Mysterious 15th-Century Irish Town Found Near Medieval Castle

Irish settlement
Archaeologists excavated a stone structure near Dunluce Castle along the coast of Northern Ireland. Experts already knew about a town that flourished in the 1600s, but they were unaware of the earlier settlement, which dates back to the late 1400s and early 1500s. (Image credit: Northern Ireland Environment Agency)

The medieval Dunluce Castle, located on the craggy rocks of Northern Ireland's coast, is neighbors with a mysterious stone settlement, according to a recent excavation.

The castle dates back to the 15th century, and once housed the powerful MacQuillan family, which controlled a large amount of territory in Northern Ireland. On a recent dig, the Northern Ireland Environment Agency planned to uncover part of the lost 17th century town of Dunluce near the castle. But instead, archaeologists stumbled upon an earlier settlement that dates back to the 15th and 16th centuries.

"This is a tremendously exciting historical development," Mark Durkan, Northern Ireland's environment minister, said in a statement. "Traces of buildings were unearthed close to the cliffs upon which the castle was built. These buildings most likely formed a small settlement, just outside the original castle gate." [See photos of the excavation near Dunluce Castle]

The settlement's remains include a stone structure with a doorway at its corner, "which is quite different to the 17th century buildings revealed to date," Durkan said. Through radiocarbon dating, the researchers determined that a fireplace inside was used in the late 15th century, about the same time that the MacQuillans lived in Dunluce Castle.

An archeologist digs through the rocky field near Dunluce Castle. The town founded by the MacDonnells in 1608 thrived until 1642, when it burnt down after a conflict. The town never recovered, and people abandoned it in the 1680s, according to researchers. (Image credit: Northern Ireland Environment Agency)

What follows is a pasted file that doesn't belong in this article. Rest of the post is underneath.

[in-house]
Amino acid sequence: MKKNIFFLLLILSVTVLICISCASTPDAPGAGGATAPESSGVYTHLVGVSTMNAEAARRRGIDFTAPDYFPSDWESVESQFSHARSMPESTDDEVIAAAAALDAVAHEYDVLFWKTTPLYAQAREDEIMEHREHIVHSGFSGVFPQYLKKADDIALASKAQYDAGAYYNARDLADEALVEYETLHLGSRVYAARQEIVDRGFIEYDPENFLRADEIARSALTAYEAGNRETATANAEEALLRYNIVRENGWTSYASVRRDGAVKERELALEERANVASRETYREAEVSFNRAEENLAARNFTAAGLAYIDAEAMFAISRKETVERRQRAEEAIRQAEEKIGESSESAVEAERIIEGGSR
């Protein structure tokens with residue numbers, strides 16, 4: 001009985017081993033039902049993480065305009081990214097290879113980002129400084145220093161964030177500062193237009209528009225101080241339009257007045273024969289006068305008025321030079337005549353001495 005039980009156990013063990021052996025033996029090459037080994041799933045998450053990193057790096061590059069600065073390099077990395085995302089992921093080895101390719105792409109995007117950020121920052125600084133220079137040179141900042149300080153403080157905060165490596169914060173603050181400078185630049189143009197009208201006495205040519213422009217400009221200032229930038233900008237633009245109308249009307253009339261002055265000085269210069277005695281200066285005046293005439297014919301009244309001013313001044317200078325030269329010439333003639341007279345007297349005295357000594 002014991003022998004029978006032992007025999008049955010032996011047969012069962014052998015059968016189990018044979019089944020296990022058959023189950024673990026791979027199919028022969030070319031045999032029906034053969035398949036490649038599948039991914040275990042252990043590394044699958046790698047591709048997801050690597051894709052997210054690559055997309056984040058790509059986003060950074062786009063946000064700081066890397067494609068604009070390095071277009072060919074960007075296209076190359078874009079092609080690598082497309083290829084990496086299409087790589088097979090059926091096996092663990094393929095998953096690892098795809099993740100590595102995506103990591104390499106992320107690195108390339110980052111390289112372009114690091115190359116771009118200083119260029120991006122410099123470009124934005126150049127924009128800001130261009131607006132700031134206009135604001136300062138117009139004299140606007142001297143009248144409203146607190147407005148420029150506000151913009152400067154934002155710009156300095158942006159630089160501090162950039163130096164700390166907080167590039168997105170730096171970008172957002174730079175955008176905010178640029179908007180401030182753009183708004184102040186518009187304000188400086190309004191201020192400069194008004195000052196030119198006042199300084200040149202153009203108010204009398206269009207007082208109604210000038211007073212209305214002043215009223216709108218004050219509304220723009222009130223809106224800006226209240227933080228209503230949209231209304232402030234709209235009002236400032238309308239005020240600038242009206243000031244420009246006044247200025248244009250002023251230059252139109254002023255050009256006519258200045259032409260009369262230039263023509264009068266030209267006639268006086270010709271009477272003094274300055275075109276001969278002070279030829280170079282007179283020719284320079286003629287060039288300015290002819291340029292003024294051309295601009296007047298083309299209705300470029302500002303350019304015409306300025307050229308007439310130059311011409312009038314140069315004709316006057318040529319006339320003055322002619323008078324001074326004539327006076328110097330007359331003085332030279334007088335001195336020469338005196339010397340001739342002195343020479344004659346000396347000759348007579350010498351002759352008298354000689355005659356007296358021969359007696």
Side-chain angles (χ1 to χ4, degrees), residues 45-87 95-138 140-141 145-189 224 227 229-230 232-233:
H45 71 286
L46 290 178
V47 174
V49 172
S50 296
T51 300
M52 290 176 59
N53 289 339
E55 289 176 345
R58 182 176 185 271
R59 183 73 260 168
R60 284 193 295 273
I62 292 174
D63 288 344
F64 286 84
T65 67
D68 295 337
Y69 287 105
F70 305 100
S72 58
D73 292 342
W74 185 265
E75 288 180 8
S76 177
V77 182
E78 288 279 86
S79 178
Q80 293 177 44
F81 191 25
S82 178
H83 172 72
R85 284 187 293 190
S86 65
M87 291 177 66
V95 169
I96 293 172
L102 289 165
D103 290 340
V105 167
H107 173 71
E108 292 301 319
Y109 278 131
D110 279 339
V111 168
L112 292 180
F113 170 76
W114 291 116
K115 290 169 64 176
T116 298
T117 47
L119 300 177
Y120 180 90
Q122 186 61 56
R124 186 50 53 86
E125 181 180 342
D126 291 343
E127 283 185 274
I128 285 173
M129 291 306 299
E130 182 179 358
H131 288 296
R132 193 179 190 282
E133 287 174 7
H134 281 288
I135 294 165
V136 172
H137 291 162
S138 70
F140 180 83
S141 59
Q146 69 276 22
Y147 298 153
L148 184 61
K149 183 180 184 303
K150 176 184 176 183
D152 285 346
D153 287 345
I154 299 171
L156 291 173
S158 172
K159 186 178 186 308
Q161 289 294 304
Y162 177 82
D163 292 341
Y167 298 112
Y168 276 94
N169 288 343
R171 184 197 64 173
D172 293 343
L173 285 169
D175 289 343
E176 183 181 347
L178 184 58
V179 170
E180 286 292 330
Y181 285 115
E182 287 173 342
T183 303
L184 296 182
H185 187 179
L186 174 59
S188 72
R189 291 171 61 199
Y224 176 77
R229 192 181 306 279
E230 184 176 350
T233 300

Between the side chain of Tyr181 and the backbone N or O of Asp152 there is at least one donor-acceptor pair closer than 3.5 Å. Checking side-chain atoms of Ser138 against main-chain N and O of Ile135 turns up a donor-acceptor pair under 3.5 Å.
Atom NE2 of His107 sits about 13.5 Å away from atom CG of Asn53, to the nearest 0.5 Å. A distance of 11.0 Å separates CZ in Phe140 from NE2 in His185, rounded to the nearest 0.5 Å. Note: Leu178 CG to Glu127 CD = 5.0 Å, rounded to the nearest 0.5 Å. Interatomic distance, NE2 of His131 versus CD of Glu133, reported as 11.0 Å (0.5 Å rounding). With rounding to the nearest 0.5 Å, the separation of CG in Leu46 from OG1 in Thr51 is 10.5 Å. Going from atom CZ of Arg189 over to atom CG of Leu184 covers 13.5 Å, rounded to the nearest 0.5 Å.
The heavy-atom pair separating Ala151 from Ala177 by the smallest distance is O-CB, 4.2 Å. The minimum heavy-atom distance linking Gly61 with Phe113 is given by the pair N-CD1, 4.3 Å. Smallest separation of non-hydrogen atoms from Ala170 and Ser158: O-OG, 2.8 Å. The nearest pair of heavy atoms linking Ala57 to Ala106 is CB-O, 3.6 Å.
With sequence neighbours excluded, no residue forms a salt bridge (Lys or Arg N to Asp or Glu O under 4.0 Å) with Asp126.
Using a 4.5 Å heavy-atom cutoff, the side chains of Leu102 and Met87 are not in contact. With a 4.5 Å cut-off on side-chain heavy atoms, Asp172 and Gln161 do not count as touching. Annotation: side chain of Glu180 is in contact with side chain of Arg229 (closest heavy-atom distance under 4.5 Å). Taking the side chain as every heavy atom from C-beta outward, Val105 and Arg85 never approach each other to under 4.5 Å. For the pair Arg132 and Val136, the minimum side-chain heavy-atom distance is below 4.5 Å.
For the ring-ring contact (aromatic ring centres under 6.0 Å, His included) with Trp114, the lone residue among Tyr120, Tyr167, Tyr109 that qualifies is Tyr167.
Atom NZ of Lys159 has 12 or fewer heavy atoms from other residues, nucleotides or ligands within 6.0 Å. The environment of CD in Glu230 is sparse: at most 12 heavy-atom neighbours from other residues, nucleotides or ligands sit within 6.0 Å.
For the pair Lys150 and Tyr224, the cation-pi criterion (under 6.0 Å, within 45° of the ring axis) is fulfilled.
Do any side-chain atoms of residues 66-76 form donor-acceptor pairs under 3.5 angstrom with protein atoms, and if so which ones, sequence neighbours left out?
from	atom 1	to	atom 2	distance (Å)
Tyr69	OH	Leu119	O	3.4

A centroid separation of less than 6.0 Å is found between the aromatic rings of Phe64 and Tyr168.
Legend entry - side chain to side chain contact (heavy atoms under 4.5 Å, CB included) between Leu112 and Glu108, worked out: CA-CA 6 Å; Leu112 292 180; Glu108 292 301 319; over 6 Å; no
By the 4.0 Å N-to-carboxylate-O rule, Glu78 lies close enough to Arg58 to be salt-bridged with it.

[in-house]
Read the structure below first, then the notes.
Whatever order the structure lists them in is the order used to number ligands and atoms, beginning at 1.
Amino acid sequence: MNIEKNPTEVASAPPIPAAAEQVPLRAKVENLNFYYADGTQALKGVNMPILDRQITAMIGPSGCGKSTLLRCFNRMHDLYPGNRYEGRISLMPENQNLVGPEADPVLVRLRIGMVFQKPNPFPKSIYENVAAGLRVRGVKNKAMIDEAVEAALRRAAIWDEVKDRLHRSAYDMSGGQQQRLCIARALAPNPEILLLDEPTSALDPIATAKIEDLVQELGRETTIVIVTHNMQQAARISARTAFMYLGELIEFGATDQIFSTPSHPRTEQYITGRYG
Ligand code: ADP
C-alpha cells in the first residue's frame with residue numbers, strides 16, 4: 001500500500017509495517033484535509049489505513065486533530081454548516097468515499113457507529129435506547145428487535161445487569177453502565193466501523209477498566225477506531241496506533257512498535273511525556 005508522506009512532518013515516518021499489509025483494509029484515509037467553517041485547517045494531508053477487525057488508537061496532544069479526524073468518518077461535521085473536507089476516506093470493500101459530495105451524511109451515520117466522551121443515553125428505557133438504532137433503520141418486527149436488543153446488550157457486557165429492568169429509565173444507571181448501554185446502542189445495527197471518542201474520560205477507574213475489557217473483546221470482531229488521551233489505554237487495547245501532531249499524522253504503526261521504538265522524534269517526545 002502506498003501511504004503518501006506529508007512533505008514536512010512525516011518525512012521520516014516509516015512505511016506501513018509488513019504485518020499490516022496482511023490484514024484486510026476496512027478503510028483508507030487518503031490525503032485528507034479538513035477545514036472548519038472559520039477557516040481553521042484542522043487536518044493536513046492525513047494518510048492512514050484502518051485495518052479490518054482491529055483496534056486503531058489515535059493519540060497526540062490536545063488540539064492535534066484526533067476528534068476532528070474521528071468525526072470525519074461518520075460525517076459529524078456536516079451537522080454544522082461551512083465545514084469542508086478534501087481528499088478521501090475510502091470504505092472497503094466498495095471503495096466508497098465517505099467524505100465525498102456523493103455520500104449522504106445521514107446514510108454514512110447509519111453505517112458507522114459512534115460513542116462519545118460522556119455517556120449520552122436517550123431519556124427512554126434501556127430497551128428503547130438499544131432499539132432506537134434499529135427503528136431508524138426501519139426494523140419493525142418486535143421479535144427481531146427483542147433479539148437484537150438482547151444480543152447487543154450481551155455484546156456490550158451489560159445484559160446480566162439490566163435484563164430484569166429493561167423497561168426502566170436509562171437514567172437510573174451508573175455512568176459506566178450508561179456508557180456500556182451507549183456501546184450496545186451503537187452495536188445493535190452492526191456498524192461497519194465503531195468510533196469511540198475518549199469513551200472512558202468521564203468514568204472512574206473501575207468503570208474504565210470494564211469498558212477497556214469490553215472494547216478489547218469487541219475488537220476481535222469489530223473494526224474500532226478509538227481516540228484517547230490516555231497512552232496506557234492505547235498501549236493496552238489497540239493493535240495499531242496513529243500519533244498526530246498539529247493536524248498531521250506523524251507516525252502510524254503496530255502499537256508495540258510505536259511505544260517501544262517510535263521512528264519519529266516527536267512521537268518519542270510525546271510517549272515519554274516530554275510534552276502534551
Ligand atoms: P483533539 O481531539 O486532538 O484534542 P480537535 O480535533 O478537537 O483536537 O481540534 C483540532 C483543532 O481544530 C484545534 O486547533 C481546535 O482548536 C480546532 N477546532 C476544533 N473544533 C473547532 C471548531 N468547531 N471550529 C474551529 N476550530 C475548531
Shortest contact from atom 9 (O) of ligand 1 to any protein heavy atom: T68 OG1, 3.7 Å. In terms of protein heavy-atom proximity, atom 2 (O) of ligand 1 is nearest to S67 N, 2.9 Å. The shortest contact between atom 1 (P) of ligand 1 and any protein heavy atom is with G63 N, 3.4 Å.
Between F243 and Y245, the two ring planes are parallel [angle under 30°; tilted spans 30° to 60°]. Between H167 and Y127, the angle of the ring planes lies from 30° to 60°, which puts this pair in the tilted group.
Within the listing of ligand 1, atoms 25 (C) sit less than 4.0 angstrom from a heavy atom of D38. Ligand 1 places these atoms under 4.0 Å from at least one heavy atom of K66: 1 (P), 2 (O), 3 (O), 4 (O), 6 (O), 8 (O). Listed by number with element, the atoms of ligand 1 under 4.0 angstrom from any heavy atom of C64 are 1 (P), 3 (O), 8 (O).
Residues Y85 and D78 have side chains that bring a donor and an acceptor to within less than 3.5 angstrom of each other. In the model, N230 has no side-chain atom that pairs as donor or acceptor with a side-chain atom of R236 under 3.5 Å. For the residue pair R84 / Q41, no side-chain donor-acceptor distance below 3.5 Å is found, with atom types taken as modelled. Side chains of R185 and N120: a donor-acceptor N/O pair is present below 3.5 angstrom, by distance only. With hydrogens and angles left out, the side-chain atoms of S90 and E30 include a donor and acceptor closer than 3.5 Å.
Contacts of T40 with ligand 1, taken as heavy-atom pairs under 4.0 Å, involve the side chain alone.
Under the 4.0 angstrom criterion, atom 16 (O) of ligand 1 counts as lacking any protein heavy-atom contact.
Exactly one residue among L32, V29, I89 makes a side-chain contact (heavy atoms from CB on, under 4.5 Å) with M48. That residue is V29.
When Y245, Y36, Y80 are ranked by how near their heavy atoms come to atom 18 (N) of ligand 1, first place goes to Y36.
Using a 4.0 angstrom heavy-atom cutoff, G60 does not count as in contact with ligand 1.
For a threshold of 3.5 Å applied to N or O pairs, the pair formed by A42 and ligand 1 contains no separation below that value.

"We are extremely lucky to make this exciting discovery," Durkan said. "Very few 15th-century buildings, other than those built entirely from stone, have survived in Ulster and normally there would be few traces, if any, for archaeologists to investigate."

The archaeologists also found pottery that dates back to the late medieval period, which raises questions about the settlement's relationship to the early inhabitants of Dunluce, experts said.

"Up to now, we knew there was a substantial 17th century settlement in the fields around Dunluce,"Durkan said. "What we are now beginning to uncover are traces of earlier and extensive late medieval settlement activity, which are equally as important as the remains of the 17th century Dunluce Town. This provides an exciting new avenue of research to explore as part of our future investigations at Dunluce."

The government of Northern Ireland plans to continue the excavation of the town at Dunluce and the castle's gardens with money from the Heritage Lottery Fund.

Follow Laura Geggel on Twitter @LauraGeggel. Follow Live Science @livescience, Facebook & Google+. Original article on Live Science.

Laura Geggel

Laura is the archaeology and Life's Little Mysteries editor at Live Science. She also reports on general science, including paleontology. Her work has appeared in The New York Times, Scholastic, Popular Science and Spectrum, a site on autism research. She has won multiple awards from the Society of Professional Journalists and the Washington Newspaper Publishers Association for her reporting at a weekly newspaper near Seattle. Laura holds a bachelor's degree in English literature and psychology from Washington University in St. Louis and a master's degree in science writing from NYU.